“Hot girl walk” – TikTok trend that boosts mood and fitness

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TikTok “Funny Girl Walk” is one of the latest trends that many people wear their sneakers for Enhance their fitness and self-esteem.

The social media trend was created by a USC student named Mia Lind who is also known on TikTok as @exactlyliketheothergirls. In her TikTok post, she explained that the “sexy girl walk” involves walking 2-4 miles a day for about an hour and can include listening to music or podcasts. While you’re doing your “sexy girl walk”, you’re basically thinking about three things. They include:

  • What are you grateful for?
  • Your goals and steps to achieve them.
  • Remind yourself of your personal beauty.
Young fitness woman working on city street.

Young fitness woman working on city street.
(istock)

In her social media post, the creator of Hot Girl Walk said, “The challenge is not about losing weight but in achieving your goals.” In a video explanation on her Instagram post, Mia explained that before the sexy girl journey begins, an individual needs to write down three goals: personal, professional, and social — and check the status of these goals every two weeks.

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The Instagram influencer even created a spreadsheet in which it doesn’t count calories but actually Keep track of the days you walked and your goals. There is even a “Hot girl walk” playlist on Spotify that one can listen to while engaging in their journey.

Lindh’s followers use the hashtag #hotgirlwalk to post pictures of their walking trips, which usually take place 3-5 days a week with some days off. The Instagram stylist also suggested limiting drinking to social situations and promoting acts of kindness to others and yourself.

A University of Southern California student told a media she was looking for a form of Exercising during the COVID pandemic She “wasn’t afraid” and liked the meditative element that coincides with the hiking. According to media reports, Lind said walking isn’t strongly viewed as a form of exercise, so she decided to rebrand it as a “Sexy Girl Walk”, posted it on social media and it went global. She now has over 136 million views on TikTok and her followers range from college to middle-aged women.

A warm spring morning in Utah.  A University of Southern California student told a media she was looking for some form of exercise during the COVID pandemic

A warm spring morning in Utah. A student at the University of Southern California told a media outlet that she was looking for a form of exercise during the COVID pandemic that she “didn’t fear” and liked the meditative element that coincides with hiking.
(istock)

Giovanna Amodio, one of Lind’s followers on TikTok, told Fox News that she started walking the sexy girl while in college during the pandemic and said “I would 100% say it boosts self-esteem.” Amodio told Fox News that she has started walking during the quarantine as a way to get out of the house and see others in a safe way. When she started following the sexy girls trend, she said, “It has evolved into a way to help clear your mind, spend time alone, listen to inspiring podcasts, and stay fit.”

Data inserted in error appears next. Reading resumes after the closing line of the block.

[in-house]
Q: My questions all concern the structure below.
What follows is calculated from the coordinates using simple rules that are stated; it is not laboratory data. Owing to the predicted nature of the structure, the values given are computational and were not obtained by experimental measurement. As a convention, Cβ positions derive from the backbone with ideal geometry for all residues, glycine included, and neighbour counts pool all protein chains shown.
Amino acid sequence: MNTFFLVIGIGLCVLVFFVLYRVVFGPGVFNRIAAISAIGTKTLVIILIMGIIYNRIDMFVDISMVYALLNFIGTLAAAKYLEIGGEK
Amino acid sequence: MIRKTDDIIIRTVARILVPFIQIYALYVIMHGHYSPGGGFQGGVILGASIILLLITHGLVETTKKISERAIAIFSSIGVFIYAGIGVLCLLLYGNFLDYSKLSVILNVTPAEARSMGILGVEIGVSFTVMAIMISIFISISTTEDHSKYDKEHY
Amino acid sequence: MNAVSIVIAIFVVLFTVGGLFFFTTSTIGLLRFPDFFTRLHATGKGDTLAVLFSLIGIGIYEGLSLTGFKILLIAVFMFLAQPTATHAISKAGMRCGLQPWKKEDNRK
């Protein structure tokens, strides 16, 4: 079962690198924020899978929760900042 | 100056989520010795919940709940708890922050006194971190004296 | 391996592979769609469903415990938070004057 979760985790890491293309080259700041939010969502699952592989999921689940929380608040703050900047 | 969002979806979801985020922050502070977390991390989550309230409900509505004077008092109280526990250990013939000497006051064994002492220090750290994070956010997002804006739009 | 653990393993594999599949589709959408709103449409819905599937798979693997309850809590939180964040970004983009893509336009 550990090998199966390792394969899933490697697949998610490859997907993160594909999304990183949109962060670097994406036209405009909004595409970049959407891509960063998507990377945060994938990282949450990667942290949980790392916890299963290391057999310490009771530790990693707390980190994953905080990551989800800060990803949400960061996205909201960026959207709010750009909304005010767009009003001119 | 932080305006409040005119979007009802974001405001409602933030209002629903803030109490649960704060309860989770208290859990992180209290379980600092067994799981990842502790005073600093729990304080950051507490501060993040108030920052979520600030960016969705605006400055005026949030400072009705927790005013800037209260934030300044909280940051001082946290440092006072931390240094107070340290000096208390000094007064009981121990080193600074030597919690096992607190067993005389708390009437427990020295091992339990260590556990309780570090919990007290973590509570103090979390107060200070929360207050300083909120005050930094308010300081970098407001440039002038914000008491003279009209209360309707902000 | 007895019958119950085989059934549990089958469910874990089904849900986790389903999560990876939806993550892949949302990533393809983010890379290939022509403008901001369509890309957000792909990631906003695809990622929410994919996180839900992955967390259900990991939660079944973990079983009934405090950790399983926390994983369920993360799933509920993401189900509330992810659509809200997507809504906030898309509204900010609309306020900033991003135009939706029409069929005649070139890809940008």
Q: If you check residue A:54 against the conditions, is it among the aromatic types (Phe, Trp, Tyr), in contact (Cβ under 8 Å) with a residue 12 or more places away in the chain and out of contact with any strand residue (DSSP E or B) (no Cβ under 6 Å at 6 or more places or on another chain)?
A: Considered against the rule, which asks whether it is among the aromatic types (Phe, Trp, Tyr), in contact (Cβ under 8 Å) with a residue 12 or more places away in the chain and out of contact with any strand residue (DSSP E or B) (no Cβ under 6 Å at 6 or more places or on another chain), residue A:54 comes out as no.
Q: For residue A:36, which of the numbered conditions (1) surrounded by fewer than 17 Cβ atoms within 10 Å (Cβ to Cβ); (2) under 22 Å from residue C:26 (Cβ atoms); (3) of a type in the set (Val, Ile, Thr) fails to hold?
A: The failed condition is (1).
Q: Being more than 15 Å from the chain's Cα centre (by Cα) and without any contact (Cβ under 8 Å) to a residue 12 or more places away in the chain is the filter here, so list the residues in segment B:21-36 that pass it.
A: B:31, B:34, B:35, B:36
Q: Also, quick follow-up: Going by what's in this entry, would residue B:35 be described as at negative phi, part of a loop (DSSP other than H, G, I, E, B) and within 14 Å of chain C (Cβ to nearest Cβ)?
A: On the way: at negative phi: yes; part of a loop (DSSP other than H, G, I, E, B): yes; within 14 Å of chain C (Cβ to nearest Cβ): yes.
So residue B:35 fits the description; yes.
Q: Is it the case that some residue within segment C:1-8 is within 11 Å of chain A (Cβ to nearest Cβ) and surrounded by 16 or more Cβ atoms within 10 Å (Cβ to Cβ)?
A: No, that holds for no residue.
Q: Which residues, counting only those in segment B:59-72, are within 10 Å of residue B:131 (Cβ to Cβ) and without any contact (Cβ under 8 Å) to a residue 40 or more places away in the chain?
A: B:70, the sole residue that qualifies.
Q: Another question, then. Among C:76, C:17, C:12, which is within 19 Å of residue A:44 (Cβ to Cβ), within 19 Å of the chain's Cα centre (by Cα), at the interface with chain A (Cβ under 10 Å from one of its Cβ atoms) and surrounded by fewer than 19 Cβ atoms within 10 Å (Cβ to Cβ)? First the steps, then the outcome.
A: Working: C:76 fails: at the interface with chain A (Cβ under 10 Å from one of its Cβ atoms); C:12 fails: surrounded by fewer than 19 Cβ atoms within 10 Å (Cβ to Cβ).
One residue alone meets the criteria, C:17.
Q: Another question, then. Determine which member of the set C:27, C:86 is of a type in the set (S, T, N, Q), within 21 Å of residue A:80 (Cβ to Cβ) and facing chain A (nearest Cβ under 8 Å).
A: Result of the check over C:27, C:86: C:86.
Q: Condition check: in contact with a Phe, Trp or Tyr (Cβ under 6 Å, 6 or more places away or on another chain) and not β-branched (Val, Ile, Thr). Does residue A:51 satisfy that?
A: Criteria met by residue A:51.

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Studies have shown that walking can enhance the positive effect even when participants are not even focused on the actual activity.

Dr. DJ Moran, Ph.D., is an associate professor at Toro University in New York, and commented on TikTok’s trend to Fox News. “This trend shows the amazing power of social media and hashtags Supporting the health trend. It’s great that a sexy girl walk encourages more people to exercise and work on self-improvement. I’m really happy to hear more young people are hiking and doing it more frequently, especially while engaging in gratitude and self-reflection.”

A woman goes for a run in the morning.  Dr. D.J. Moran, Ph.D., notes that

A woman goes for a run in the morning. Dr. DJ Moran, Ph.D., notes, “It’s great that Hot Girl Walks are encouraging more people to exercise and work on self-improvement.” I’m really happy to hear more young people hike and do it more frequently, especially while engaging in gratitude and self-reflection.”
(Fox News)

However, Moran said, “I’m a bit worried about encouraging them to think about how attractive they are… As long as this is about self-improvement, great! If it’s about self-aggrandizement, I’m not very happy.”

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Tamar Amitai is a physical therapist at Thrive Integrated Physical Therapy in New York City. Amitai told Fox News that this latest walking trend may have positive physical benefits. “Several studies have concluded that walking reduces joint pain associated with pain. Walking protects the joints of the lower extremities, especially the hips and knees, by hydrating them and strengthening the muscles that support these joints,” Amitai said.

Amitai said that walking can also be done Helps promote heart healthIt prevents weight gain and reduces the risk of cancer and chronic diseases. Physical therapists told Fox News that if you start a walking program it’s important to wear supportive, comfortable athletic shoes and to stay hydrated.